During a decade of researching Leonardo da Vinci for her young adult novel, “Edge of Yesterday,” Robin Stevens Payes discovered da Vinci is the ultimate polymath and role model for how our kids learn: He was someone interested in art, science, engineering and nature. As an illegitimate child, he was shunned from traditional tutoring arrangements, so he entertained his own discoveries, combining his love of outdoors with his interest in learning about the world around him.
Payes is concerned that kids no longer have such interdisciplinary learning methods. “We make kids specialize from preschool on,” said Payes. “If there was someone who wanted to do it all, like Leo, could he? Could Leo be Leo today?”
Payes believes fiction, like “Edge of Yesterday,” is one way to connect humanities-focused kids with STEM (science, technology, engineering and math) fields. Payes is working with organizations such as Girls in Technology, and she set up an interactive website to go along with the book. She’s found that ideal learners are those that incorporate both science and humanities, and she’s come up with a few tactics that work. A lightly edited Q&A follows.
The Washington Post: Your background is in science writing. Are kids receptive to the combination of blending the arts and sciences?
Robin Stevens Payes: Kids are receptive because they don’t have the distinction that we do as adults. Kids don’t have this designation that “this is a STEM field and I only do that,” vs. “I like to read and I hate science.” We have these artificial categories.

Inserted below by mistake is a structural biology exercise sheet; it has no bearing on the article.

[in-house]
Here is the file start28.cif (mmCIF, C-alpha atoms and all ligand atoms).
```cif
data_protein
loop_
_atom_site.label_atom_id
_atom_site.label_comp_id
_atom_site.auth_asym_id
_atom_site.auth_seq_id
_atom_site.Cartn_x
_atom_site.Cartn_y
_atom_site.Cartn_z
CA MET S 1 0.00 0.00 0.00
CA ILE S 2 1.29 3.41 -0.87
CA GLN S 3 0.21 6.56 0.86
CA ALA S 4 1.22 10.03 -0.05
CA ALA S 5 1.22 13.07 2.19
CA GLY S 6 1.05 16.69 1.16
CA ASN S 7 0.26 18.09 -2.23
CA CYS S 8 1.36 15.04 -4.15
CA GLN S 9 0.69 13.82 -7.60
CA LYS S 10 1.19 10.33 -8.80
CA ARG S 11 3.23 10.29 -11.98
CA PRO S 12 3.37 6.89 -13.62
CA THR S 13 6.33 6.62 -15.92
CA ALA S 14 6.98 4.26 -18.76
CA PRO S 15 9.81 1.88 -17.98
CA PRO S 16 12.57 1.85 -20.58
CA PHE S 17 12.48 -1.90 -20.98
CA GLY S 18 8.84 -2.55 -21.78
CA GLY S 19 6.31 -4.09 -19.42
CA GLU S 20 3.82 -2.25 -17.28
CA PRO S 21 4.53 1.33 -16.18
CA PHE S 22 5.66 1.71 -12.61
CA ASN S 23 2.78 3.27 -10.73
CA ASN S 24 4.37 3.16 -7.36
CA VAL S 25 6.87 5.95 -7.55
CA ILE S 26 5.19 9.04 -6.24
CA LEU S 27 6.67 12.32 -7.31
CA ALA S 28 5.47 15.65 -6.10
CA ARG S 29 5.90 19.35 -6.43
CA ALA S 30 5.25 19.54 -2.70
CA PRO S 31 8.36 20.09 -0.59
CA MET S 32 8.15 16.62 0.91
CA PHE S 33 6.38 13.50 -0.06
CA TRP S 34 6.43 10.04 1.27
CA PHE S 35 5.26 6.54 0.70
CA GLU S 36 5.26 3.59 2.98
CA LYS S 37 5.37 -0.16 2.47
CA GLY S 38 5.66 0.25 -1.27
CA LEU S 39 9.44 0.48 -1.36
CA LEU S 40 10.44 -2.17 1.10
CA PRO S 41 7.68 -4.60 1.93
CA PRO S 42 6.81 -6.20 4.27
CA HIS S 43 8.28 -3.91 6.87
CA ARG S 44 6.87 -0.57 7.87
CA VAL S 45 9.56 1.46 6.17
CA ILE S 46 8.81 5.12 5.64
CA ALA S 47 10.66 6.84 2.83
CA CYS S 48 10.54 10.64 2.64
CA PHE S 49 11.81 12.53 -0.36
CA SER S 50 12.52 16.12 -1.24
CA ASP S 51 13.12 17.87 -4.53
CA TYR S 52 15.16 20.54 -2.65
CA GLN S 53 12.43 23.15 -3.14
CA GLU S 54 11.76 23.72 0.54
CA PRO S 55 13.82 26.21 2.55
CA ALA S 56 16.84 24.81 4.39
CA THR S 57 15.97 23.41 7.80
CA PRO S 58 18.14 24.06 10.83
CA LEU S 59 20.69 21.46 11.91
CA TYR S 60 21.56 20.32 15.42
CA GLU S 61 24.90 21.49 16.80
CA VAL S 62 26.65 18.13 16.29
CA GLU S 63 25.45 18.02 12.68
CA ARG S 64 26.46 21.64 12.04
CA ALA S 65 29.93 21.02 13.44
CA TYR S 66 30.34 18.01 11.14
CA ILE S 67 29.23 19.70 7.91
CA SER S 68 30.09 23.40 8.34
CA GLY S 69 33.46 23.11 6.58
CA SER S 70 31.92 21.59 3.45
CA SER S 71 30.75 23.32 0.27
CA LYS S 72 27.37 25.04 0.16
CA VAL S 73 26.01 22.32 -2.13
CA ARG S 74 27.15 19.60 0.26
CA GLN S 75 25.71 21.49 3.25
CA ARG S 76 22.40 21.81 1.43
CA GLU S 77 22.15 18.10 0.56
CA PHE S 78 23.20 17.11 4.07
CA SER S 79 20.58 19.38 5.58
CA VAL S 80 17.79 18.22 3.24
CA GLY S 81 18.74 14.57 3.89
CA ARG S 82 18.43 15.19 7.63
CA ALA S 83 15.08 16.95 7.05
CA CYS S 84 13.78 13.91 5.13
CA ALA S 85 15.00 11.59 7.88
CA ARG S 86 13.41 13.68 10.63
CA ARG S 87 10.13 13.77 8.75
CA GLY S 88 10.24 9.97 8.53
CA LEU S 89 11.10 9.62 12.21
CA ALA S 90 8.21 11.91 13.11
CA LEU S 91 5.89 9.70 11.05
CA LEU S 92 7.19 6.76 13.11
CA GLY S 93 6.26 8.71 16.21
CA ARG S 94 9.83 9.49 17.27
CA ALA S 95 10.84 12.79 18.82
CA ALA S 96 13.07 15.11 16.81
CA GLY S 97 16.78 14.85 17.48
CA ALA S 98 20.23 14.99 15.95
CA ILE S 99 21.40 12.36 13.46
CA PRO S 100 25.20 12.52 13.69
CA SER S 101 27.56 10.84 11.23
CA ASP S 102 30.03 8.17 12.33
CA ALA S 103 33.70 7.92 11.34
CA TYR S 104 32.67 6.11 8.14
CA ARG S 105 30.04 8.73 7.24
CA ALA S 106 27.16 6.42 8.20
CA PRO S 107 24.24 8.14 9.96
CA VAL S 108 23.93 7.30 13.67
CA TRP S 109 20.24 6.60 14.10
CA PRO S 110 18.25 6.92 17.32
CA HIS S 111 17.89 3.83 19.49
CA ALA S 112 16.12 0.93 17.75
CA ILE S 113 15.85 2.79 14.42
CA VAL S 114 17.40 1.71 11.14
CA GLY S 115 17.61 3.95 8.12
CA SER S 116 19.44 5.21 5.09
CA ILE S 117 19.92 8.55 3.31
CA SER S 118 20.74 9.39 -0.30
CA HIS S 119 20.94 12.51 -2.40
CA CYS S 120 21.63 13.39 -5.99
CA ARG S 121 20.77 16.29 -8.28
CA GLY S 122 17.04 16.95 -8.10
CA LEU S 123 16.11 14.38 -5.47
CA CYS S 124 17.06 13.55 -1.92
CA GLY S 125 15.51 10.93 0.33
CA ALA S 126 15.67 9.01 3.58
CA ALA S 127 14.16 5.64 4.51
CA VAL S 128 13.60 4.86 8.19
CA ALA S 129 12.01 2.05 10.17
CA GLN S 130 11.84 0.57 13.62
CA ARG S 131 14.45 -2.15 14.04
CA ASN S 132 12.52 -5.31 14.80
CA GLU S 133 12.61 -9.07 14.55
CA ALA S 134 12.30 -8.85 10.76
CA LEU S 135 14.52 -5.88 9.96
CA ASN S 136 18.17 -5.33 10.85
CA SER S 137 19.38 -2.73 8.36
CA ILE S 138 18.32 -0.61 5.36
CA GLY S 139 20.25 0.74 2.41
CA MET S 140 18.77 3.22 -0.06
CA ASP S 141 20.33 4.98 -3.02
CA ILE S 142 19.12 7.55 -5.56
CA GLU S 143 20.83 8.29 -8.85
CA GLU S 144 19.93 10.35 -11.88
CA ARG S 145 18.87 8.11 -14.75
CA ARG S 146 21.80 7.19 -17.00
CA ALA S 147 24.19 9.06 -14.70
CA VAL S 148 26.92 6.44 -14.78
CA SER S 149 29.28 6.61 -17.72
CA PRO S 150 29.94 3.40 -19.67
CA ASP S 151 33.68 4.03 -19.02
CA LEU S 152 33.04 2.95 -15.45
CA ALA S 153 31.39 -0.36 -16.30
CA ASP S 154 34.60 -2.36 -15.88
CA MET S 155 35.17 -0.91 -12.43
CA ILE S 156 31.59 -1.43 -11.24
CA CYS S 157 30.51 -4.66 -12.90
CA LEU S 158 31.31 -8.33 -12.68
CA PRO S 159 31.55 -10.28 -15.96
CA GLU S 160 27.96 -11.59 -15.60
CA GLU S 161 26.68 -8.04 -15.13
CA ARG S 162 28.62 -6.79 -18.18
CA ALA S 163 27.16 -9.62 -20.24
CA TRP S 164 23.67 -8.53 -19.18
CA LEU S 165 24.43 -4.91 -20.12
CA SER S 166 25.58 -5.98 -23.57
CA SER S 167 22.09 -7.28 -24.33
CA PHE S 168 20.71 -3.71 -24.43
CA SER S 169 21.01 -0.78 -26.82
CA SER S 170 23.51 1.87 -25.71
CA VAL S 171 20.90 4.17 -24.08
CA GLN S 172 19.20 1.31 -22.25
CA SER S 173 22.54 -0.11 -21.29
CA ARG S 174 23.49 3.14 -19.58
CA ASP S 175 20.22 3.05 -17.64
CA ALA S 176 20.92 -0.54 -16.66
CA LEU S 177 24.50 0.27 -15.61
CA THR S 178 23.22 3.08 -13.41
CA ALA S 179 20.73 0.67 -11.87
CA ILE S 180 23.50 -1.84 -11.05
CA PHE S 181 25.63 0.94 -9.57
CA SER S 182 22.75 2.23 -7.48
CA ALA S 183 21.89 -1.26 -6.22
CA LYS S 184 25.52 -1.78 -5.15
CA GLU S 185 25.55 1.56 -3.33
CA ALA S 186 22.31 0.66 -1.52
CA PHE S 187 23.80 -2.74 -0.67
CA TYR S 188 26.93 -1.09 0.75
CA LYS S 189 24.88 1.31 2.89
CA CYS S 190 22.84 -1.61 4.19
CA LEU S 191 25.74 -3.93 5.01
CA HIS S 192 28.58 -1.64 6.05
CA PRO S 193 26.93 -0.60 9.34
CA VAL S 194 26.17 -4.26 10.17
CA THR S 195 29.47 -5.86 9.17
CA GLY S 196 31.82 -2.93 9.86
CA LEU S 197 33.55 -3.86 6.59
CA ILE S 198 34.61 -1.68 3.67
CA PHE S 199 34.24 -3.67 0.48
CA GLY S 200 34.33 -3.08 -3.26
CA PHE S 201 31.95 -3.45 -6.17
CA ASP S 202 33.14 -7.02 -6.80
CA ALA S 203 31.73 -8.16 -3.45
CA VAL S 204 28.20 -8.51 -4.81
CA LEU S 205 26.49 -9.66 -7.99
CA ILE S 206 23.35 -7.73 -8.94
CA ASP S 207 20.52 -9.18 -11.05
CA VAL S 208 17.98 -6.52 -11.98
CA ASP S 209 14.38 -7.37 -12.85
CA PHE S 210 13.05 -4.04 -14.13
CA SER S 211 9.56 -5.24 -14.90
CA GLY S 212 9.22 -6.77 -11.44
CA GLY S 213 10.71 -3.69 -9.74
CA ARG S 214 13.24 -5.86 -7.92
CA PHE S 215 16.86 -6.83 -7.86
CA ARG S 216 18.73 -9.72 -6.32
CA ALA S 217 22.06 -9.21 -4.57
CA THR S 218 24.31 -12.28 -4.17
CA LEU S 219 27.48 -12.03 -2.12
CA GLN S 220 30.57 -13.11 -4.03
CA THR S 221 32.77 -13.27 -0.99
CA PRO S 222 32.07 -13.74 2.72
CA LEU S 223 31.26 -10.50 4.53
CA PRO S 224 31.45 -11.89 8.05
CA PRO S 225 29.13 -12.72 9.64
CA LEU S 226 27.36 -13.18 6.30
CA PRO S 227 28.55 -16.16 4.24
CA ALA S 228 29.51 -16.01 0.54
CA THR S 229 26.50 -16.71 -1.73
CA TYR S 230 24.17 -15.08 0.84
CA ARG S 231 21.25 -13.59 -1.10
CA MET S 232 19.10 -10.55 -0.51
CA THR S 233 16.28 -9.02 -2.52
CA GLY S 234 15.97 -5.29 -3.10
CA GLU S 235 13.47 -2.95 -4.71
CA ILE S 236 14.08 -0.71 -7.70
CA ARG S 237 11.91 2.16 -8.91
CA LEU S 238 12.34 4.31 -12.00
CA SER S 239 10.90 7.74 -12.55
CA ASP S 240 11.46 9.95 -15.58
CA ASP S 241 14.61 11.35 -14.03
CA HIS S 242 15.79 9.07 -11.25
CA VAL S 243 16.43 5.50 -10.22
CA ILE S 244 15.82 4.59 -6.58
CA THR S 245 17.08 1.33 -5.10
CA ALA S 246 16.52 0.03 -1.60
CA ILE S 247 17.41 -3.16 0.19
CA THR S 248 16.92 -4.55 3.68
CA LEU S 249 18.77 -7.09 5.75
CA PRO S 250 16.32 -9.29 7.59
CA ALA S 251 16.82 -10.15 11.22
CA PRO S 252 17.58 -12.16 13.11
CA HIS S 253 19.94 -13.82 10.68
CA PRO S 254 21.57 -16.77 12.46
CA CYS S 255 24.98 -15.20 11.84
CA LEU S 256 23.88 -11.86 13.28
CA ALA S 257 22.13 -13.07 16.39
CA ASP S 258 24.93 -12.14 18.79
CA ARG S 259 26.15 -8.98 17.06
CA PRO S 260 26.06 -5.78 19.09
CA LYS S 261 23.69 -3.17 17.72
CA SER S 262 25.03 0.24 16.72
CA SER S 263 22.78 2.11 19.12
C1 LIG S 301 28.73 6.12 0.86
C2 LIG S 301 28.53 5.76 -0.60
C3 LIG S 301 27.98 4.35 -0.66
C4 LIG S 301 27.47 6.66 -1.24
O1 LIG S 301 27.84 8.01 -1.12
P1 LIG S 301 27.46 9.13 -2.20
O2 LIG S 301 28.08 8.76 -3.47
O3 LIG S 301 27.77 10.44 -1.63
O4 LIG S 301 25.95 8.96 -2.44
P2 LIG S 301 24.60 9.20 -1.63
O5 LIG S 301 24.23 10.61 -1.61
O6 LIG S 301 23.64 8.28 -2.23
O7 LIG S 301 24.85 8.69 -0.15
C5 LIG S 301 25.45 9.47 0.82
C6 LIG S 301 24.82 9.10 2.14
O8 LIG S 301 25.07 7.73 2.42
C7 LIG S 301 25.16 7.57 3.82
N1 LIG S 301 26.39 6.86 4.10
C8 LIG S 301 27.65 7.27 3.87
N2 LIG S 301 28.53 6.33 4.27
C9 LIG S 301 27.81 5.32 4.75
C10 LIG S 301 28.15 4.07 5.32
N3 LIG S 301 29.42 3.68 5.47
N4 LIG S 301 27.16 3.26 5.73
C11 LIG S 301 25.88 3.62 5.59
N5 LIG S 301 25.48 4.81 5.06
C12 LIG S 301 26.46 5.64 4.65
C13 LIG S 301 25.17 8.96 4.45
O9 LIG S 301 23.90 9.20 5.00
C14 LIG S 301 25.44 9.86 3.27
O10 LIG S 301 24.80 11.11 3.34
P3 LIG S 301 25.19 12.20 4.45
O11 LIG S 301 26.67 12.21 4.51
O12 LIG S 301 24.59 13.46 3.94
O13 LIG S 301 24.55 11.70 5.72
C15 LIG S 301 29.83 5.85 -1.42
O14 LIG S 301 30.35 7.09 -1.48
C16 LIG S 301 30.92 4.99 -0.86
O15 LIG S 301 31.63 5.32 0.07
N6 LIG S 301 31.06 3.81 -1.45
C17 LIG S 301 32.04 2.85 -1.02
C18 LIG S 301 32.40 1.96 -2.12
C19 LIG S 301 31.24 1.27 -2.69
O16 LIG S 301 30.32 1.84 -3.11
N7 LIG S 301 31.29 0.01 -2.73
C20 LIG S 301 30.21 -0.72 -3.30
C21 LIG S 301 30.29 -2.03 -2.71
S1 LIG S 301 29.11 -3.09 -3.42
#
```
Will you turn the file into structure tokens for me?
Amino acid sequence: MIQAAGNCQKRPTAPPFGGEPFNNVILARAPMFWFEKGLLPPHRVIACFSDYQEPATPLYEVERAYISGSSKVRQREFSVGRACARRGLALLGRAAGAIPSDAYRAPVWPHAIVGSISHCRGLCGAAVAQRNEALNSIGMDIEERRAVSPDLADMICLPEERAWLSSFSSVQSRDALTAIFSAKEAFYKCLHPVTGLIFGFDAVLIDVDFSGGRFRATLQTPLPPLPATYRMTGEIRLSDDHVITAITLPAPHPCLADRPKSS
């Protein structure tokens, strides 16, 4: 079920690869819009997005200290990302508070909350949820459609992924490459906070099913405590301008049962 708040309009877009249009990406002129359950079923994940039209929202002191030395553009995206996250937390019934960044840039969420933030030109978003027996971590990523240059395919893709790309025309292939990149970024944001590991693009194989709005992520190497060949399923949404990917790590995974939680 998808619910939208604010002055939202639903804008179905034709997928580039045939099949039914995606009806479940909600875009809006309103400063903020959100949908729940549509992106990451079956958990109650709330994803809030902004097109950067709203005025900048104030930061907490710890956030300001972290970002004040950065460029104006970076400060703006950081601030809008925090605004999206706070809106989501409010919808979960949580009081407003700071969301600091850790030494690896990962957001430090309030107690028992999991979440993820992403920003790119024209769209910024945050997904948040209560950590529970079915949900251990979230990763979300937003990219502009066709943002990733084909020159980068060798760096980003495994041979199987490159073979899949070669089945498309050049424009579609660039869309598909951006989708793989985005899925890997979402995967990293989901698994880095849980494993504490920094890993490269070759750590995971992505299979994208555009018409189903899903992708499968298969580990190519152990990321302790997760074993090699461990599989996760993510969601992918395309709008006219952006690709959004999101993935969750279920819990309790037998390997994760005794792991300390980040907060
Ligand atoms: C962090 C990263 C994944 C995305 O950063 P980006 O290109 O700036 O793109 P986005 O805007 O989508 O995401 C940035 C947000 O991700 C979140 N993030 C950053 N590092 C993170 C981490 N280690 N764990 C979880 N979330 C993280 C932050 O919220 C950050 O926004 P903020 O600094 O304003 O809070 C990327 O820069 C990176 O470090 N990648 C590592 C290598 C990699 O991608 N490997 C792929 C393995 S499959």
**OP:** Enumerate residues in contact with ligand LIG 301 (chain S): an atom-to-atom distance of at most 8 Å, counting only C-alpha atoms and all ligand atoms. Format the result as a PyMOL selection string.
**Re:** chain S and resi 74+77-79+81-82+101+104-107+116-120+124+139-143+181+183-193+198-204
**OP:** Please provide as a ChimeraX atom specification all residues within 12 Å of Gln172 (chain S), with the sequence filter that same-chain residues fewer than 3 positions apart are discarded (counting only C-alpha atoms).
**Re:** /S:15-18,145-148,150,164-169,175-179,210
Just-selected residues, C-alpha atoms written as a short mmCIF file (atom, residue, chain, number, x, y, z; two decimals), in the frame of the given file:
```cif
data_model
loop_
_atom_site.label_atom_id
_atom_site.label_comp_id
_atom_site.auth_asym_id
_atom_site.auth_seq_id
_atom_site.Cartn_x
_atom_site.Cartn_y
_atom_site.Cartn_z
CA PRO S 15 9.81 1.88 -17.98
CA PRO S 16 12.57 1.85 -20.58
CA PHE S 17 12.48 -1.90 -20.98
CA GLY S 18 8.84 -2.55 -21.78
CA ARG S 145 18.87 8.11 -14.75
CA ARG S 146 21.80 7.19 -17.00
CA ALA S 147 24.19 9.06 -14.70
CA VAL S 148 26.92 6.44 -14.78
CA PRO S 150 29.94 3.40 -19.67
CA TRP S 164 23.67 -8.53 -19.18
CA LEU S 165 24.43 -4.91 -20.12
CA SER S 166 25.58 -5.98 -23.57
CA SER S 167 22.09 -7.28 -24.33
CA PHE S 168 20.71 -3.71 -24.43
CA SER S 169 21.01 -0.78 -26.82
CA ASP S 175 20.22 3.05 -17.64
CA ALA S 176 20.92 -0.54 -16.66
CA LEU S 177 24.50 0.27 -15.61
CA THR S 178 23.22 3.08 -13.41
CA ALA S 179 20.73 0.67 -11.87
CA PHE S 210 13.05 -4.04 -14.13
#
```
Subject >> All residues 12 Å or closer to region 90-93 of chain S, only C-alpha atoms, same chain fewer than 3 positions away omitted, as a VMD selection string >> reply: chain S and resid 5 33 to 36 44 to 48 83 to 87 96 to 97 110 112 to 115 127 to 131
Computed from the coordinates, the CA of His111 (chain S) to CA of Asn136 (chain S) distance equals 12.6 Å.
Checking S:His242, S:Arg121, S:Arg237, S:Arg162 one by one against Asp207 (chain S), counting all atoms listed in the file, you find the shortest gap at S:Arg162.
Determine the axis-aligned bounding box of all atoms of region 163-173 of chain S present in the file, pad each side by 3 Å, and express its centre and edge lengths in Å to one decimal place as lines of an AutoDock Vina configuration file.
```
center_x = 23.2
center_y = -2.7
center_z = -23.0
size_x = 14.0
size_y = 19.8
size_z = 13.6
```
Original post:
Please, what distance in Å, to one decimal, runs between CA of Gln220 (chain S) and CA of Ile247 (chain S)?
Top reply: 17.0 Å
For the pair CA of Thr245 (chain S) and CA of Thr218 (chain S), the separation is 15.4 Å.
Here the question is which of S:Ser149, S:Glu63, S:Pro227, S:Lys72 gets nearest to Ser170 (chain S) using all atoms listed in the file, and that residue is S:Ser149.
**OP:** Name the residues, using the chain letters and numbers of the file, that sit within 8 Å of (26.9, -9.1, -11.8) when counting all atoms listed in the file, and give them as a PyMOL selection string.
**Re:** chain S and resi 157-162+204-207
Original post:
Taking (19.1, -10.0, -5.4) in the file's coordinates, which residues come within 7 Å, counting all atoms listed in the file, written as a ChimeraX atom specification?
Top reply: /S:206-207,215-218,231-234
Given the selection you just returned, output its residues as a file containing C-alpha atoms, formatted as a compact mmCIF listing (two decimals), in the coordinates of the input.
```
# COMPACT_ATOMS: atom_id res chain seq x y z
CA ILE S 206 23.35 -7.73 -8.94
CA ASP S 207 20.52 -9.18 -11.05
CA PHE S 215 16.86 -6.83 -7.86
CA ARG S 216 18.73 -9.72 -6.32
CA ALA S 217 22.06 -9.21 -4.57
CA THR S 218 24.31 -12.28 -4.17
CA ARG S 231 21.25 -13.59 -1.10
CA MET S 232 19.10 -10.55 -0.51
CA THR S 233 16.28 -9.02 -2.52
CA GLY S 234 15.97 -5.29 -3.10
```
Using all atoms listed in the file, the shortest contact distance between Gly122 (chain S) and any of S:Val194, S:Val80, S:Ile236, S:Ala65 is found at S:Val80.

Science, technology and engineering are creative. Coming up with the idea for Facebook was creative, or Google Glass, or virtual reality, and it’s based on science, engineering and math principles. You can’t do one without the other.
TWP: What are some ways that parents can engage kids in STEM fields, at any age?
RSP: I’ll go back to Leonardo. Because he was illegitimate, Leonardo was an outsider who roamed the countryside. He had this native ability to draw, he was obsessive about observing the world around him and documenting it. He sketched flows of water in the river. He drew birds in flight. He used to go to the marketplace and there were birds for dinner in cages, and he’d set them all free so he could study their wings up close to see how they soared.
He was free to do that. If he had been a legitimate son, he probably would have been tutored and exposed to the culture of the court.
Other polymaths had similar experiences. Einstein didn’t speak until he was 3; he flunked out of school because he didn’t want to follow the rules. These people have certain things in common. They were unconventional and they were not constrained by the normal acculturation. There are formative years when kids soak in their surroundings, everything around them is new, and they are sponges. Birth to age 3 is one of these critical windows. Whatever environment you are in, you are constantly watching and evolving and modeling your behavior. It’s a very important time for language learning and socialization.